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Landmark Agreement To Improve Mental Health For Kids In Wash.

Austin Jenkins


OLYMPIA, Wash. – Last fall we brought you a series of stories on failures in how the Northwest treats mentally ill youth. Now, a landmark legal agreement announced Wednesday aims to bring about better treatment options for nearly 20,000 Washington kids. These are children who suffer from depression, schizophrenia and other mental illnesses.

Tina, we’re just going to use her first name, is playing a pick-up game of Horse with her attorney.

They’re on an outdoor basketball court at the Child Study and Treatment Center. It’s a state psychiatric hospital for children near Tacoma.

Tina –- who’s 17 -- has been a patient here since last May. She’s also one of ten Washington youth with mental health needs who sued the state more than two years ago.

Tina’s life story is typical of the plaintiffs. A revolving door: in and out of jails, hospitals and foster homes.

“Like when I was a little kid I was always in the back of a police car being taken off to ‘juvie’," she says. "I’ve probably been hospitalized 12 or 13 times. Foster homes, I’ve been in many. The last time I was in foster care I went to a respite home and I took a car and ran it into a semi.”

Tina was finally sent to this psychiatric hospital after the cops had to wrestle her off an overpass to keep her from jumping. Attorneys for Tina and her fellow plaintiffs say some of this heartache could have been avoided if Washington’s Department of Social and Health Services had done what Medicaid requires: provide intensive in-home and community-based treatments.

Tina’s now stable and scheduled to move back home with her dad later this month. But she knows there are, “Many kids out there that have these issues and I don’t think it’s right for a whole bunch of other kids to have to go through the same thing I did.”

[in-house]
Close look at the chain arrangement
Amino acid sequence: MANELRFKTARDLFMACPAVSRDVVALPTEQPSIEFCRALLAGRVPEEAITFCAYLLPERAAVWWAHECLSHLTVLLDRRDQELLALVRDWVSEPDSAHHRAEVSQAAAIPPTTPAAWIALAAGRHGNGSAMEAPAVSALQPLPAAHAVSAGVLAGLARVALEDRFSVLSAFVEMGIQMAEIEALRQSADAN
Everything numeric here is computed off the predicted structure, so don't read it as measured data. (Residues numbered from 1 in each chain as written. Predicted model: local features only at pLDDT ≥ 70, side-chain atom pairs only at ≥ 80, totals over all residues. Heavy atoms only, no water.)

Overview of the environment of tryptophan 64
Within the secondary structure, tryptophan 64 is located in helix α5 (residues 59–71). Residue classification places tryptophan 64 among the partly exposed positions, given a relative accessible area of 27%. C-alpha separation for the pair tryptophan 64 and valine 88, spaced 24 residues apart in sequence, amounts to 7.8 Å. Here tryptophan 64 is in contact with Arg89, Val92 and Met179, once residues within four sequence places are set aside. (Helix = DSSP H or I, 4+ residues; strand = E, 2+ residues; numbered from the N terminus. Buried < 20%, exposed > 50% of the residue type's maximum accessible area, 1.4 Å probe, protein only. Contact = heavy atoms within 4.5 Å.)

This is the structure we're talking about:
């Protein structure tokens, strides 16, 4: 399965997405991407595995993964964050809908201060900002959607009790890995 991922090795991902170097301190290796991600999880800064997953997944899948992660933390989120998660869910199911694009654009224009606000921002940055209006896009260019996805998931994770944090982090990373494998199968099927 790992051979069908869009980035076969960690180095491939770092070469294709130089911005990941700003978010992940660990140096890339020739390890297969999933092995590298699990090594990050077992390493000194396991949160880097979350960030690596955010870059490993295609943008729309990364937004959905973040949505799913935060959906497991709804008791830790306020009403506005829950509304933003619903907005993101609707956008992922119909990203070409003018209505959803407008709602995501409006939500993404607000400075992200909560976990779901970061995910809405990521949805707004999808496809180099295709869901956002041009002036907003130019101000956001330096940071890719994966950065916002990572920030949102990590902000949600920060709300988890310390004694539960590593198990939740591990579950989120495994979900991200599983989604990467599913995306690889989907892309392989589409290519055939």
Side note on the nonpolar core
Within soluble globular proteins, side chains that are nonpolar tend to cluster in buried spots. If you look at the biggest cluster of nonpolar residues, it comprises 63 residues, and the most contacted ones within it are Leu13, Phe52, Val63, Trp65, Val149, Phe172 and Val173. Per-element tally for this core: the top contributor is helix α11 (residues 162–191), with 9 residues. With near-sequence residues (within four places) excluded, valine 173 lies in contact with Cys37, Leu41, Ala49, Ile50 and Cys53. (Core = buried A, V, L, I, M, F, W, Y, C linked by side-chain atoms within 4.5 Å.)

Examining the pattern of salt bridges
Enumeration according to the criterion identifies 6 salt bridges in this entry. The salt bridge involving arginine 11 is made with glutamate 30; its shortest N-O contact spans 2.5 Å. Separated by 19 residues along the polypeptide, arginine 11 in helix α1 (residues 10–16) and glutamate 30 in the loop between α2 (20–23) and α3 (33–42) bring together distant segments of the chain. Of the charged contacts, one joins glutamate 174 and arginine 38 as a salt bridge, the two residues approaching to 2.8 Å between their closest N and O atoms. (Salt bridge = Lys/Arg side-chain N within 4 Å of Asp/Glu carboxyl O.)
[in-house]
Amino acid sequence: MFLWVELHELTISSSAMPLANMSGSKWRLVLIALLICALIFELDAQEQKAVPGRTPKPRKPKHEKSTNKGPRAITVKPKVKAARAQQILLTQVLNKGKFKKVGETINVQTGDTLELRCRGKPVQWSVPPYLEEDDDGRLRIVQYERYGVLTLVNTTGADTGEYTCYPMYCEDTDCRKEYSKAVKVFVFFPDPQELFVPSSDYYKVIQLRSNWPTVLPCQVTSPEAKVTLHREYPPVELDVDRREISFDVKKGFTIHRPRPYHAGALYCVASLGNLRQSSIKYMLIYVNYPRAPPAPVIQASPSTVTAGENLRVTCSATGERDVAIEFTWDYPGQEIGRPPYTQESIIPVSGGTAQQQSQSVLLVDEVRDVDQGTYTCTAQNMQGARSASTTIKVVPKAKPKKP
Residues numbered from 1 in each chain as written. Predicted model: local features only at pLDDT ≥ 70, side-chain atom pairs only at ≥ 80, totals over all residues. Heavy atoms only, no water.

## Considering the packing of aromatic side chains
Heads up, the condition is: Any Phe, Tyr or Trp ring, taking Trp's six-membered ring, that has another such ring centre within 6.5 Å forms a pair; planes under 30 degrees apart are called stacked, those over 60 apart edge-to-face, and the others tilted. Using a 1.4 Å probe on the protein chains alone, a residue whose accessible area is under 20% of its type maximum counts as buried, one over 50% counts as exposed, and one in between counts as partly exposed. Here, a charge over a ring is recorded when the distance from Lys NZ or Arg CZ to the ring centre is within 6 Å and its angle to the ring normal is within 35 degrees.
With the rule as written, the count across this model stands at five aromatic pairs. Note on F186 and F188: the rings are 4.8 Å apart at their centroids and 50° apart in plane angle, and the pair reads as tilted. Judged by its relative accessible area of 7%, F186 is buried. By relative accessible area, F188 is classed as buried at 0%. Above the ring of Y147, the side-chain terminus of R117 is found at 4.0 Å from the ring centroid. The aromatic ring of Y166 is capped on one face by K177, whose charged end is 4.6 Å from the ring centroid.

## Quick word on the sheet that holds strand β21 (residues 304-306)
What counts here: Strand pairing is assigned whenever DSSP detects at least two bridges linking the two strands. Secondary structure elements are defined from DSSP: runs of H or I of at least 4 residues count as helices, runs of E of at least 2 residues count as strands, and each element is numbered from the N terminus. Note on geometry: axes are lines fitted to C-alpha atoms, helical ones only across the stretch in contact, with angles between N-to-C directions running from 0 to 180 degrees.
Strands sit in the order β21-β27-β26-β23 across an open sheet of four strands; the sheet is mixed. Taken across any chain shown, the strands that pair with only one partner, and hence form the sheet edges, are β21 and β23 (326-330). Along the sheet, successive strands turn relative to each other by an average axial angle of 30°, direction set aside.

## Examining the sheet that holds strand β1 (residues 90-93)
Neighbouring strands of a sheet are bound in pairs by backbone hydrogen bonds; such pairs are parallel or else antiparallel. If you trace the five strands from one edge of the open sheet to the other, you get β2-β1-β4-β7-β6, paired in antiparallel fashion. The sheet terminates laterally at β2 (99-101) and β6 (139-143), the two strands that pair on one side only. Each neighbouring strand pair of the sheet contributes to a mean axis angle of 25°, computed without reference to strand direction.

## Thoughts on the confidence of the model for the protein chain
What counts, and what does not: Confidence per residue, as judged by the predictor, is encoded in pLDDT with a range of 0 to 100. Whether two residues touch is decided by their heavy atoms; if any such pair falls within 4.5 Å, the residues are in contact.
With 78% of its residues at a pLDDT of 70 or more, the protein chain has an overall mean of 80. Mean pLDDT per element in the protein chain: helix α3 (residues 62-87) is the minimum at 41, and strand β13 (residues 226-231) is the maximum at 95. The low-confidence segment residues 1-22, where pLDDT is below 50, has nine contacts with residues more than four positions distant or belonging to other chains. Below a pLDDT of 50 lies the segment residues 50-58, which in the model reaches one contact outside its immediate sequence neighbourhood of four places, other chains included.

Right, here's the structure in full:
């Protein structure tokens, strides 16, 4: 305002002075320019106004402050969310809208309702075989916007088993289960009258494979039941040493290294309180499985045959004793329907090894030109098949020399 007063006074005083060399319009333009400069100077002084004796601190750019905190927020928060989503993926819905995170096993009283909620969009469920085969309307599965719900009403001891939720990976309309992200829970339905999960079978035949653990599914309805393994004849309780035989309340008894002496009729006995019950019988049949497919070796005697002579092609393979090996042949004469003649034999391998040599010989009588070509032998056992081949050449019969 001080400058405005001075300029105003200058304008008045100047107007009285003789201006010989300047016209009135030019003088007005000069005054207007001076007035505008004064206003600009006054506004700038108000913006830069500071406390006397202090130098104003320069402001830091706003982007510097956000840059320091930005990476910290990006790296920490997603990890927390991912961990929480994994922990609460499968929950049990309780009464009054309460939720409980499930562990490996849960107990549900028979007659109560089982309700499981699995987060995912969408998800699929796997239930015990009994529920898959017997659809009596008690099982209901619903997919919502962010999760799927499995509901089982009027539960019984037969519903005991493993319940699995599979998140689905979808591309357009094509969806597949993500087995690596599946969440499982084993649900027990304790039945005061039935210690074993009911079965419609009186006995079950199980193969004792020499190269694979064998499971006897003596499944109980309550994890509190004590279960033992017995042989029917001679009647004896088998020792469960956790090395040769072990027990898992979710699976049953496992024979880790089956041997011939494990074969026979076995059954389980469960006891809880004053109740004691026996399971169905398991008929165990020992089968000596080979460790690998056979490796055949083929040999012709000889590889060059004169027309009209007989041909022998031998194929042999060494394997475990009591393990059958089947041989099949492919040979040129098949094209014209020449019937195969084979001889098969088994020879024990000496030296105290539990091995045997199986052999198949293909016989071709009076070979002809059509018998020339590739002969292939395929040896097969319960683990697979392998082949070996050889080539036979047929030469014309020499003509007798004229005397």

That’s the point of a new formal agreement between the state of Washington and attorneys for mentally ill children.

“I think that kids and families are going to see incremental improvements, it’s not going to happen overnight,” says Rick Weaver who is with Washington’s Department of Social and Health Services. He says the state has agreed to spend the next 15 months building the foundation for a new way of delivering mental health services to children in Washington.

But what exactly does that mean? Weaver says the current system often fails on two fronts. First, the care of a child isn’t coordinated. He calls it “catch-as-catch-can.”

He says, “Case workers will talk to individual case workers one-by-one and getting everyone in the room might not happen.”

Weaver says that’s got to change. The other change?

“Families directing the care of their children. Understanding what they see as being important and letting them guide that process.”

Weaver says this transformation is already underway in Washington. But now there’s a 15 month legal deadline to spur things along.

Regan Bailey is an attorney with Disability Rights Washington. It’s one of the advocacy groups that sued on behalf of the ten plaintiffs.

“This is not a settlement agreement," Bailey says. "This is just a pause in active litigation until next June.”

Even so, Bailey says this agreement is an important first step toward eventually putting a stop to the revolving door Tina and the other plaintiffs experienced.

Ultimately, the goal is to see Washington move away from traditional office-based therapy and medications to in-home services. Bailey says those would include mobile crisis teams to respond day or night if a youth is out of control.

“Well, I think the hope is the state has shown a great deal of commitment in making these structural changes that are essential to providing those services in the future. That commitment is not a small thing and it’s something to build on.”

Back at the Child Study and Treatment Center, Tina she says more than anything, she hopes this lawsuit helps others kids like her

“I know there’s many kids out there that have these issues and I don’t think it’s right for a whole bunch of other kids to have to go through the same thing I did,” she says.

Even though just ten kids were named in the original lawsuit, it’s now a class-action. That means the agreement covers some 20,000 Medicaid-eligible kids in Washington who have serious mental health needs.

There is something in the agreement for Tina and the other original plaintiffs. The state has agreed to reassess them and provide any medically-necessary services they’re not currently getting.

This could help Tina as she transitions home after her release from the Child Study and Treatment Center.

Copyright 2012 Northwest News Network